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The Asia-Pacific Rebalance

Containers are seen in a port in Singapore. There is $1.2 million in trade between the U.S. and the Asia-Pacific region.

“The United States will remain a strong, reliable, and active partner in the region."

The Asia-Pacific region currently accounts for about a third of the global population, one-quarter of global GDP, a major share of global growth, 26 per cent of U.S. exports, $1.2 trillion in two-way trade with the United States, and a huge proportion of biodiversity vulnerable to climate change.

The Asia-Pacific Rebalance
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Recognizing that America’s future prosperity and security are intertwined with the Asia-Pacific region, U.S. President Barack Obama made a strategic commitment to rebalance U.S. efforts and investments toward Asia.

A fact sheet, recently issued by the U.S. Department of State to the press in Washington, D.C., stated that “the United States will remain a strong, reliable, and active partner in the [Asia-Pacific] region and is investing diplomatic, public diplomacy, military, and assistance resources in a way that is commensurate with our comprehensive engagement.”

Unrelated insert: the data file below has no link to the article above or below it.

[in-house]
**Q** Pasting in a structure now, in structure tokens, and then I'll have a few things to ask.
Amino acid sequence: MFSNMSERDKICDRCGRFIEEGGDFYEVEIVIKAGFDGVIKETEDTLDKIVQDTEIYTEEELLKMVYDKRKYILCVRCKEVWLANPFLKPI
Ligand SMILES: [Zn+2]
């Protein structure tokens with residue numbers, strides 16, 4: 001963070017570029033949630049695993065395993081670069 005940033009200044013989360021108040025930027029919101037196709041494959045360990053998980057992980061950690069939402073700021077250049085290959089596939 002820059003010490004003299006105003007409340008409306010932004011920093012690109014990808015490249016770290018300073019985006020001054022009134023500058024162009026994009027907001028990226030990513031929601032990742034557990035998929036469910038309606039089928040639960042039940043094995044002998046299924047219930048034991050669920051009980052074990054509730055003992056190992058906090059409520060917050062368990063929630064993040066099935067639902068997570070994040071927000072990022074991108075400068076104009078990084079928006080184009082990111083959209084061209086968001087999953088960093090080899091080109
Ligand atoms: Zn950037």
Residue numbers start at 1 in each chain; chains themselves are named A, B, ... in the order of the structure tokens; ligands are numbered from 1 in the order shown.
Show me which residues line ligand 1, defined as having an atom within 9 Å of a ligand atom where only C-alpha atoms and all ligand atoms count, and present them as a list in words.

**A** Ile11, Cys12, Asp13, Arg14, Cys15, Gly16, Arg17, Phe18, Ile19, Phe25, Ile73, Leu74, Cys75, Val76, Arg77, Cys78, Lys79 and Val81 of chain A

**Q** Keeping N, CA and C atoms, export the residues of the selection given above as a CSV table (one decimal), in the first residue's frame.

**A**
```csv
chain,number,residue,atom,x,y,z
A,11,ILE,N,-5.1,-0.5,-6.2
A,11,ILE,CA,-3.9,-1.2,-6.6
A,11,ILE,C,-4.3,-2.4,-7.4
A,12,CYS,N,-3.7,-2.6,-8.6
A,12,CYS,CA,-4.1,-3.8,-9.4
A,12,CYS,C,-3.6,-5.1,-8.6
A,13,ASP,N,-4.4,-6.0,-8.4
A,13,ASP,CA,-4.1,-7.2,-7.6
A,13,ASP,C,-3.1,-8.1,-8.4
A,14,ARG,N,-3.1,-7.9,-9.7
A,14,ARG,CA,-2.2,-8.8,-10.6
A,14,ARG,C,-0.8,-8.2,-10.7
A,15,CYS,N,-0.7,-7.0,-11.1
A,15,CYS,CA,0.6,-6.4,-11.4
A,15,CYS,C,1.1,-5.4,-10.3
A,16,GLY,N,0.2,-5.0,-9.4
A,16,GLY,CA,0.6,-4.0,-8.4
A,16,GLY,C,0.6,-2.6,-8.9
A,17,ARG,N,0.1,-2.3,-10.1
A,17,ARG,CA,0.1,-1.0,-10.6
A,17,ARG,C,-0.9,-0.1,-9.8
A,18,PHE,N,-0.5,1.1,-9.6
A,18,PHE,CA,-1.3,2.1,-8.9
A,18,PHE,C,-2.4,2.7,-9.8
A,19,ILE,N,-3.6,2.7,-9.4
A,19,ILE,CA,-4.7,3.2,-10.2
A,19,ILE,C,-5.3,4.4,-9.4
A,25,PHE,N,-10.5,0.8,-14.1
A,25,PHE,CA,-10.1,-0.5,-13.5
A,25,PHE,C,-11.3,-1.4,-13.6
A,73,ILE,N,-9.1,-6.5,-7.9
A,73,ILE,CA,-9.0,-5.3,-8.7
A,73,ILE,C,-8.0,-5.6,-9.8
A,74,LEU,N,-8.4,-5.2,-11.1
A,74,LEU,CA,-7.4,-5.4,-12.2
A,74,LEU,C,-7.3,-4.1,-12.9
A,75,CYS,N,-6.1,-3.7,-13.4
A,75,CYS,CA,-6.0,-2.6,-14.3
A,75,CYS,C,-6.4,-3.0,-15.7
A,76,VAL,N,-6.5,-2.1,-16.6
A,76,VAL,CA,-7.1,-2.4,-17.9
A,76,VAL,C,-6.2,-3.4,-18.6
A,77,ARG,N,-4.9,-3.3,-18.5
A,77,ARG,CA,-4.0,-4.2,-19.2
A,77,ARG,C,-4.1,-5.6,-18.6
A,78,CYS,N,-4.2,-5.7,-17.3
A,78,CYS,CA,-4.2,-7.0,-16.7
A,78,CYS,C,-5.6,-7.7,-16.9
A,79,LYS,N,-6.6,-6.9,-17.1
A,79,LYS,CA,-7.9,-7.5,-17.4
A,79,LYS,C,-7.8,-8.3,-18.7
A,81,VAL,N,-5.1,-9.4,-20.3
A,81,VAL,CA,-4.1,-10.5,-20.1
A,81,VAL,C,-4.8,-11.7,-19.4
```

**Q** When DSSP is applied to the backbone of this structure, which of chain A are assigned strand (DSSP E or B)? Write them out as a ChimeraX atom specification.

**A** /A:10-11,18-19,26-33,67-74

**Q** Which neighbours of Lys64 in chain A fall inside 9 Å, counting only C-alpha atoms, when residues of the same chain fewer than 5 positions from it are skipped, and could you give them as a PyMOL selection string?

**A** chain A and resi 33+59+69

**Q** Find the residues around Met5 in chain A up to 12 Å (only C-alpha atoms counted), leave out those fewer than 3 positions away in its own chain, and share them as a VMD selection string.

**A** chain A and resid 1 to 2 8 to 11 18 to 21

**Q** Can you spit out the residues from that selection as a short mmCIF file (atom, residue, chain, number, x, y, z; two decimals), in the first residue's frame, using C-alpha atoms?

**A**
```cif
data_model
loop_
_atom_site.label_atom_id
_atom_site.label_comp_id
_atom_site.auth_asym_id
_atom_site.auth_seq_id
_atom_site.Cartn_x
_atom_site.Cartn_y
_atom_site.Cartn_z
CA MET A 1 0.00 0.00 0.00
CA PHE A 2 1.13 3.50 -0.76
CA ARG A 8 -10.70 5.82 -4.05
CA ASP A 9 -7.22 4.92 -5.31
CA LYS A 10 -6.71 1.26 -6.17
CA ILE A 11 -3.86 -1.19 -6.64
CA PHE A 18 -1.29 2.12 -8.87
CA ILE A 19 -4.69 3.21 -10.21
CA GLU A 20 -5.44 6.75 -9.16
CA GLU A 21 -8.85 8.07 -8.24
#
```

In expanding engagement with the Asia-Pacific, the United States aims to modernize and strengthen U.S. alliances; develop ties with emerging partners and support regional institutions to solve problems based on internationally-recognized rules and norms.

The U.S. aims to increase trade and investment; and expand economic growth; ensure a U.S. military presence that effectively supports U.S. engagement with the Asia-Pacific region; promote democratic development, good governance, and human rights; and expand people-to-people ties.

U.S. engagement has ensured peace and prosperity in the Asia-Pacific region for over 60 years, and its continued engagement will further enhance peaceful development. Currently, the United States is the leading investor in the Asia-Pacific region. U.S. direct investment in 2012 was $622 billion, reflecting a 35 per cent increase since 2009.

These investments support jobs and economic growth both in the United States and in the region, and signify long-term U.S. engagement in the economic growth and development of the Asia-Pacific region.

U.S. assistance is focused on supporting economic integration and trade; enhancing regional security; advancing inclusive economic development; strengthening regional institutions so they can effectively address problems; and addressing health and environmental problems that affect the region and the globe.

“As a Pacific nation that takes our Pacific partnership seriously,” said U.S. Secretary of State John Kerry, “the United States will continue to build on our active and enduring presence.”